Shopner Desh, is the first in a series of British Bangladeshi big screen projects by South Shields film company Bangla Dreams.
|The Dream Team|
BBC Roots spoke to producer Lalon Amin to find out more about this exciting venture which mixes tough urban drama with Bollywood action:
“Bangla Dreams came about as we realised there was a huge demand for performing arts for ethnic minorities living in South Shields; so we decided to set up a drama group.
“The first week we started the group, about 50 people turned up; so it was obvious there was a need.”
The drama group quickly developed into a fledgling production company with ambitions to venture into film, and Shopner Desh was born. I asked Lalon what Shopner Desh meant:
“Shopner Desh is all about dreams. Shopner Desh means Dreamland.
|Director: Steve Sibley|
“People have a lot of dreams, especially when they first come to this country, some people dream of a good education or a nice life - whilst other people just think about money, and don’t integrate fully with society nor consider other cultures.”
Shopner Desh identifies the problems some young Asians have in this country, the culture clashes that they have with their parents and community and how some people compromise or rebel against their culture.
Rebels with a Cause
Lalon adds: ”I wrote the feature film script along with director Steve Sibley, and Tarek Uddin, whose idea the film was.
“The cast are all from South Shields; young people from the Bangladeshi community, as well as some of the older generation, members of the Arabic community and the white community.
“Fortunately, everyone has given their time voluntarily, which is great, as it’s not just one person’s project.”
Shopner Desh is primarily based in South Shields, with great use of some of the towns best known landmarks, such as the Marsden Rock, the sea front, Ocean Road and the Al-Azhar Mosque; one of the oldest mosques in the region.
Lalon is keen to point out; Shopner Desh is not an experimental short. It’s a feature film with a rather impressive budget for a first time venture. I asked him who funded it:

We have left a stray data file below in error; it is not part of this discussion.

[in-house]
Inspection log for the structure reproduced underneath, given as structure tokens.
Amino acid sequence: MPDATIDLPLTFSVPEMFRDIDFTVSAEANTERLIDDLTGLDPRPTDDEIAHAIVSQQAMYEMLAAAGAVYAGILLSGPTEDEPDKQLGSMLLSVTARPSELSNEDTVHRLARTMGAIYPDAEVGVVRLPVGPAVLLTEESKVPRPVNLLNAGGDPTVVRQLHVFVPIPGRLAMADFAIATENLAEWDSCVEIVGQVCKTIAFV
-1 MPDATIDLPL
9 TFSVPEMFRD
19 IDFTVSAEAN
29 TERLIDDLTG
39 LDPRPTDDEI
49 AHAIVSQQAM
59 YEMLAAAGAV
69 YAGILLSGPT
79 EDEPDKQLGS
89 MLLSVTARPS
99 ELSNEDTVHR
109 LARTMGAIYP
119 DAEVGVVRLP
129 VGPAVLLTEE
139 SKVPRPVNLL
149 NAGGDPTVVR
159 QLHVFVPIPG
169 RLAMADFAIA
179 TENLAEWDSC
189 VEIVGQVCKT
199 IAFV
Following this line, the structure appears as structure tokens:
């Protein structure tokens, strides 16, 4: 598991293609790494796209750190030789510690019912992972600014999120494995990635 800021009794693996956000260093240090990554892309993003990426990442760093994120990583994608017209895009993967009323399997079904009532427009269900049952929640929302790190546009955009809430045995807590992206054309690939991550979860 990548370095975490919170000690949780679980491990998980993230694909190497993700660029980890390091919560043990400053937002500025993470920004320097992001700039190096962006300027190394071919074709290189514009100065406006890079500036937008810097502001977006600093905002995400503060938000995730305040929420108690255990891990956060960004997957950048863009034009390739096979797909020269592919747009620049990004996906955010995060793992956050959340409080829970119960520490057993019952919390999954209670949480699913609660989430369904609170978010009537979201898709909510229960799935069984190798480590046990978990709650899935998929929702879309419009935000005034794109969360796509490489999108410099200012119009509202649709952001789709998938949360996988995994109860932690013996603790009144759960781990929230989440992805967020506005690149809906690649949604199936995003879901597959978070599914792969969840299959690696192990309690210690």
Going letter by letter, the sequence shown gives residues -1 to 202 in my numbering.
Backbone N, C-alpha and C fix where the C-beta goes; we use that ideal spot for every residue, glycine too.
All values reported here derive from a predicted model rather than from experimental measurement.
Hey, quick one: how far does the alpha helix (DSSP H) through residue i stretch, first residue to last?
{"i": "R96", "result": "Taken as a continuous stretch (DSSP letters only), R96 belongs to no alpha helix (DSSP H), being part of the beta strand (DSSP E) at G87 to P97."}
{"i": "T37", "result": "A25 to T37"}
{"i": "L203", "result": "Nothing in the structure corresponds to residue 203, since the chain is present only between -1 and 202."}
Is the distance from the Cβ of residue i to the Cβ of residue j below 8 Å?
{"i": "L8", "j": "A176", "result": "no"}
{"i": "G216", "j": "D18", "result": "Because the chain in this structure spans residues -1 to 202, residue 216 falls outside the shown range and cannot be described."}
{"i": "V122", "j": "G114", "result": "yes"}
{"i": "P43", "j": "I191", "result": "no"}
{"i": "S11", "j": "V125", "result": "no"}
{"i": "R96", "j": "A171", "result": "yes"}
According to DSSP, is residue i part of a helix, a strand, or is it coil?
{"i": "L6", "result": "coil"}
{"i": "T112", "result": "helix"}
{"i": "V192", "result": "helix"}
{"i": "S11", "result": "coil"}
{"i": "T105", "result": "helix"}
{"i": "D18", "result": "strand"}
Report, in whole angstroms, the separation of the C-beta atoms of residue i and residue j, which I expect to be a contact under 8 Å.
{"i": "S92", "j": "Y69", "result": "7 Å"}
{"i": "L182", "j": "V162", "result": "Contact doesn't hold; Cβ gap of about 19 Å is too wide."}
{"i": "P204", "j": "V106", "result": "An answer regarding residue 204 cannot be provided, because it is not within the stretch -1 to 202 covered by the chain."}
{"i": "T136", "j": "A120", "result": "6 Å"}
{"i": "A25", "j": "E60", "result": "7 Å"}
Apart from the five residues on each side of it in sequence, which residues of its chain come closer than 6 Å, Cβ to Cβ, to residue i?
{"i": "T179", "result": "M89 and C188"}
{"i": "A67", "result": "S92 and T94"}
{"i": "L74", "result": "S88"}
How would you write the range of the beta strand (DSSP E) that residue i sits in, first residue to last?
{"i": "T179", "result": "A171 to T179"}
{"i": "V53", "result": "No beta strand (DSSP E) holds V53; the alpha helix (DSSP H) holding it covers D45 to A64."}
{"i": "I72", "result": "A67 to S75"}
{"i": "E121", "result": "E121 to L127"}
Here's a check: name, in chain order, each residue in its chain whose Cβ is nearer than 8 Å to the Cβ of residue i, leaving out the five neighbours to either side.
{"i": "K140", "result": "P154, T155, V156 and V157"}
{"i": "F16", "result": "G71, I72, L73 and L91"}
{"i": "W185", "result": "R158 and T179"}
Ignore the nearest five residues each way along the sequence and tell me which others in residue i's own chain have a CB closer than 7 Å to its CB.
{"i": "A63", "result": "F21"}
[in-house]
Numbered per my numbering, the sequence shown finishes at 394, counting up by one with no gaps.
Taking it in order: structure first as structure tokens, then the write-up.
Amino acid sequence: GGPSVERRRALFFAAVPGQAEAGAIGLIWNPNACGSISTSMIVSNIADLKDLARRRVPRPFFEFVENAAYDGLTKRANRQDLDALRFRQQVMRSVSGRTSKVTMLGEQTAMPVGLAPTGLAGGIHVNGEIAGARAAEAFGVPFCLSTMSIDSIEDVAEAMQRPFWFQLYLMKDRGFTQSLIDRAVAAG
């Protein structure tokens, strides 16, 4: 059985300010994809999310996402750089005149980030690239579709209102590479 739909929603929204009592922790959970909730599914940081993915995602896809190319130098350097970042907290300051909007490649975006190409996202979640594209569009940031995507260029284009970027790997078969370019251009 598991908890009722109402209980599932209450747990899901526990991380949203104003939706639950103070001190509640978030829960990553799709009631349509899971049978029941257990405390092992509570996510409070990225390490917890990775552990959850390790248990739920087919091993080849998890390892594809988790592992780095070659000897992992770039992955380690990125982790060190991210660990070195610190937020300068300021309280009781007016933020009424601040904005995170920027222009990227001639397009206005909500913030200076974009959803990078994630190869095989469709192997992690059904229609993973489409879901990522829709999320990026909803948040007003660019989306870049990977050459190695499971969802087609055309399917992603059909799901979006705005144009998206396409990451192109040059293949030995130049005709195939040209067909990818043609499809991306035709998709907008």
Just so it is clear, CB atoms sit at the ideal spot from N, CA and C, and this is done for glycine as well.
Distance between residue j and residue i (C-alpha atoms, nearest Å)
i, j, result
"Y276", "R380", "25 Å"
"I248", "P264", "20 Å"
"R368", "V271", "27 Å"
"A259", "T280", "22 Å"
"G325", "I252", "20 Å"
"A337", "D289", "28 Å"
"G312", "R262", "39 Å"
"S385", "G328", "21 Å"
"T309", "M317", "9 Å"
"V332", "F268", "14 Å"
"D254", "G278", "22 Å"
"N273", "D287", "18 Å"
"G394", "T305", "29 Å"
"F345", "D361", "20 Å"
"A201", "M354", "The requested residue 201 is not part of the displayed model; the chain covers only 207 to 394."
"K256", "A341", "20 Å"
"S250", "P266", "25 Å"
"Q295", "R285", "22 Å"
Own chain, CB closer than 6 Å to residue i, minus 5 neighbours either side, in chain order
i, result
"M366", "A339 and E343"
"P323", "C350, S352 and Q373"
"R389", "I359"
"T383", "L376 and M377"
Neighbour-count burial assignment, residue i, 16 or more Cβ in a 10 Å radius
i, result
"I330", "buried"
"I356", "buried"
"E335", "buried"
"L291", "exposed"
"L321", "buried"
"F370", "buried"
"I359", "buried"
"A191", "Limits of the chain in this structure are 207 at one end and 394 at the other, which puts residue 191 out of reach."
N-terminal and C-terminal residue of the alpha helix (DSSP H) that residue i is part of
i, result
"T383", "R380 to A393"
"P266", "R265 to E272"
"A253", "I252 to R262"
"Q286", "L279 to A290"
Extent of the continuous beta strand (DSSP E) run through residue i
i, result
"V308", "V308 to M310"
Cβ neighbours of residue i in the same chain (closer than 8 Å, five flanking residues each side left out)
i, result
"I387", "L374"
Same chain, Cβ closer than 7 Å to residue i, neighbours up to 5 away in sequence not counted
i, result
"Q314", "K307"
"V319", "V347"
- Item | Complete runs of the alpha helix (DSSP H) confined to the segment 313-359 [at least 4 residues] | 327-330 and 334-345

“Funding was got from the Key Fund, Youth Inclusion Programme and the Drugs Action Team. The budget is approx £31,000.
|Russell, Moni and Badria on the set|
“As far as distribution, we intend to exploit all opportunities. We’re hoping that Shopner Desh will be in every Bangladeshi household throughout the region!
"We’ve already had some interest from London, as people have heard about us. The sky’s the limit!”
Shopner Desh is, very much, a family affair. The 40 strong cast includes Lalon’s brothers Moni and Shah in leading roles, as well as nieces and nephews.
The film storyline centres on the main character, Biplob, a young man in his early twenties. Shah Amin, who plays Biplob, spoke about his role:
“Biplob goes ‘off the rails’. He forgets about his Bangladeshi culture, the Islamic culture, his family and gets into the drug culture as a way of making quick money.
“He also gets in with an old friend called Faz, who’s a bad influence.”
Russel Choudhury, who plays Faz, says: “Faz is also British Asian. He has no family, and gets by selling drugs and petty crime. He’s a bit of a bad boy. Faz and Biplob decide to live together and deal drugs for a living.”
Before Shopner Desh, Shah told me neither he nor Russell had ever acted: “Being new to acting, we were able to portray our characters in a very natural way with plenty of improvisation. We all had a say in the development of the characters and the script. We also did research, and watched other films for ideas.”
Shopner Desh is a fictional account of real life dilemmas faced by many young people in the north east.
The film also shows that young Asians face the same challenges and issues as other young people; cultural and generation clashes, peer and family pressures, unemployment and poverty. It also tells of friendships, family and personal relationships. I asked Lalon if the film had a message:
|"We’re hoping that Shopner Desh will be in every Bangladeshi household throughout the region!"|
|Lalon Amin |
“Shopner Desh attempts to get across a few messages; you should never forget your culture or identity, which I feel, as a British Asian, is very important.
“The also film focuses on the local drug culture.” He adds.
“Amongst older people, drugs are a taboo subject. They’ve never really tried to tackle the problem as a community. Individually, some people do try, but because it’s taboo, people try to hide it; they think it’s shameful. What Shopner Desh is trying to say is that drugs are not just one person’s problem.
The only way we can tackle drugs is to educate the community. We can educate parents about the symptoms and affects of drugs.”
I have to admit, I was totally blown away by the professional, raw ambition of Lalon and the cast and crew of Shopner Desh.
|On location with Shopner Desh|
Many young people living across the region are unfairly vilified as feckless and unmotivated. Bangla Dreams have grasped one of the many opportunities and initiatives designed to help young people, with great results. I asked Lalon, what happens next:
“I hope Shopner Desh is the first of many productions by Bangla Dreams. The Bangladeshi community has not really had a voice in the north east. This is a stepping stone, and people will be able to see what we’re capable of.”